While the vulnerable devices are made by one vendor, Cerrudo said that there are a number of resellers who rebrand them and sell to customers directly. He said via email that getting the devices to test was not difficult. The response he got from the vendor, he said, was disheartening.

“I tried several times to make ICS-CERT and the vendor understand that these issues were serious, but I couldn’t convince them. In the end I said, if the vendor doesn’t think they are vulnerable then OK, I’m done with this; I have tried hard, and I don’t want to continue wasting time and effort. Also, since DHS is aware of this (through ICS-CERT), and it seems that this is not critical nor important to them, then there isn’t anything else I can do except to go public,” he said.

“This should be another wake up call for governments to evaluate the security of devices/products before using them in critical infrastructure, and also a request to providers of government devices/products to take security and security vulnerability reports seriously.”

Image from Flickr photos of William Warby.

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  • Sal D'Agostino on

    Is it really news that these are vulnerable. In most cases you have local device controllers tied up to a supervisory. If you can get into a traffic cabinet in most cases you will be able to open a terminal and do about anything in maintenance modes. Doing this through the network is something else and depends one common threat occurs when these are segregated subnets with shoddy un pw, roles, etc.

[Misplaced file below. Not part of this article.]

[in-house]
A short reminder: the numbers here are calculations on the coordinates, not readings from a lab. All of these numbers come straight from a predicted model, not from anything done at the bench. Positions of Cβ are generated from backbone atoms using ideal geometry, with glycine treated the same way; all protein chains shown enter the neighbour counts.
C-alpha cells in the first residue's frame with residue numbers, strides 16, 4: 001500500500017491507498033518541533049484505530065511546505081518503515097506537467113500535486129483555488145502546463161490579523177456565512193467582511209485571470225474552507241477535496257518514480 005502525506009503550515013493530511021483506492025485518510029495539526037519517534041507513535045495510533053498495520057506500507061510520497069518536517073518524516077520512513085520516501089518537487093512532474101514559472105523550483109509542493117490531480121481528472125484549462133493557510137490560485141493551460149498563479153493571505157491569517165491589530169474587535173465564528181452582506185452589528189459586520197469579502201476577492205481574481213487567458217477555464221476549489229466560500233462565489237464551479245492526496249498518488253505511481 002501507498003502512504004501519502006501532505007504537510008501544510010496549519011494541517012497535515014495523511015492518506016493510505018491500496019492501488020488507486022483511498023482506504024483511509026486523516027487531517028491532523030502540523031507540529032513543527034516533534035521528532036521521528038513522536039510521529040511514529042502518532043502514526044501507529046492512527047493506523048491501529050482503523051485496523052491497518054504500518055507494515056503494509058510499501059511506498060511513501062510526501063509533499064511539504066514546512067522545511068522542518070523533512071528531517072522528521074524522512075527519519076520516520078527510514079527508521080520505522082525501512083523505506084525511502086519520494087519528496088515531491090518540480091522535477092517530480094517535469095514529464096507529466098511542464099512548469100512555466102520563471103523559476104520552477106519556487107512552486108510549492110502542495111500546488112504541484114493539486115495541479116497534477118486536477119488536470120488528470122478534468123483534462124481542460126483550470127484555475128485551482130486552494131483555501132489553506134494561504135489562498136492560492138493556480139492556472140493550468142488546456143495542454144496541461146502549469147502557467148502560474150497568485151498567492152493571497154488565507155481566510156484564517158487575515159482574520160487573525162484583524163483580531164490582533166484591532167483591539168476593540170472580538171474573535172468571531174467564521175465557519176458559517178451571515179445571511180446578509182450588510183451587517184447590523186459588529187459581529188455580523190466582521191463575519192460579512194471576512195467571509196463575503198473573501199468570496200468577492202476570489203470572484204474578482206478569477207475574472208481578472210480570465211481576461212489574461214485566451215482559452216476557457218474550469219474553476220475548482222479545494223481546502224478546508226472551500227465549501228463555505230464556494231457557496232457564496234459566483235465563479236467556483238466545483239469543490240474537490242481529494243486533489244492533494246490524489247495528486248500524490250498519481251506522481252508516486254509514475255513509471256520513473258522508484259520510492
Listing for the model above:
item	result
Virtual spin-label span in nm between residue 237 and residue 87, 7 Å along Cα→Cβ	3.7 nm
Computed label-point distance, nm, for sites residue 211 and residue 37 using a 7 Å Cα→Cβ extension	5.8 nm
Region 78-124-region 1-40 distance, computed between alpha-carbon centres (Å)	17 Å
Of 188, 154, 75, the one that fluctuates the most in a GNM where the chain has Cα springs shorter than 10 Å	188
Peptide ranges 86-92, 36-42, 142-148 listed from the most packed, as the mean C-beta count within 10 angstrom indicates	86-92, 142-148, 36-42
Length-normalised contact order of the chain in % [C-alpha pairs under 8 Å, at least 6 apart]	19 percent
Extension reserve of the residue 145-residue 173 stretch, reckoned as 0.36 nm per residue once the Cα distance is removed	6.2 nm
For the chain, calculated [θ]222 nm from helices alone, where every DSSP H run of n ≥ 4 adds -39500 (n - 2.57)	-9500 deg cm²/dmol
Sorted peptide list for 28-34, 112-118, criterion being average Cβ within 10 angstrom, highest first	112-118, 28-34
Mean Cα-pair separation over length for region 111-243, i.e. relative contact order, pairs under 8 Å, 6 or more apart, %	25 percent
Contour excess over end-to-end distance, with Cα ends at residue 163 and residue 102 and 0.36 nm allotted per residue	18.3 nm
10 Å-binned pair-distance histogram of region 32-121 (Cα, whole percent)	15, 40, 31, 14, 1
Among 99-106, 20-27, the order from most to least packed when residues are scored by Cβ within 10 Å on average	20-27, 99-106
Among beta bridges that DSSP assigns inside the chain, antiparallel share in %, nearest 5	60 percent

• Deramin on

    Here's a great use of hacking for a bad heist flick: A big robbery is pulled off and the crooks manipulate the streetlights to stay green for them while they make their escape and lock red in all directions behind or around them to block the police from responding. Add a bit of digital safe cracking, and I'd totally watch that.
    • Alan Clelland on

      It's called the Italian Job and it's been made twice .....
    • Cafe Hunk on

      Deramin - Already done - have you seen the Italian Job (2003)? Or did you steal the idea from Sean Fanning in his sleep?
  • Dave Aitel on

    INFILTRATE is in Miami on May 15th - www.infiltratecon.com
  • Jeff on

    It's already been done in a bad heist film: See The Italian Job (2003)
  • Mike Hamilton on

    Worse: creating traffic snarl so that public safety / emergency response can't get to the scene of a (e.g.) bombing, making it a force multiplier. Vendors that deploy this stuff never gave a thought to security, and too often the IT footprint is managed not by the IT organization, but by the traffic management staff themselves. These are the easiest control systems to compromise, because 2/3 of the work has been done for you by vendors and owner/operators.
  • AC on

    This is a feature not a bug. Police/Fire/Ambulance have devices in their vehicles that tell the sensors to change the lights. There used to be kits sold online that let you utilize the same system, but they were banned/ forced off the market. Anyone with a basic understanding of how the emergency control system on traffic lights work has know about the potential for misuse for years.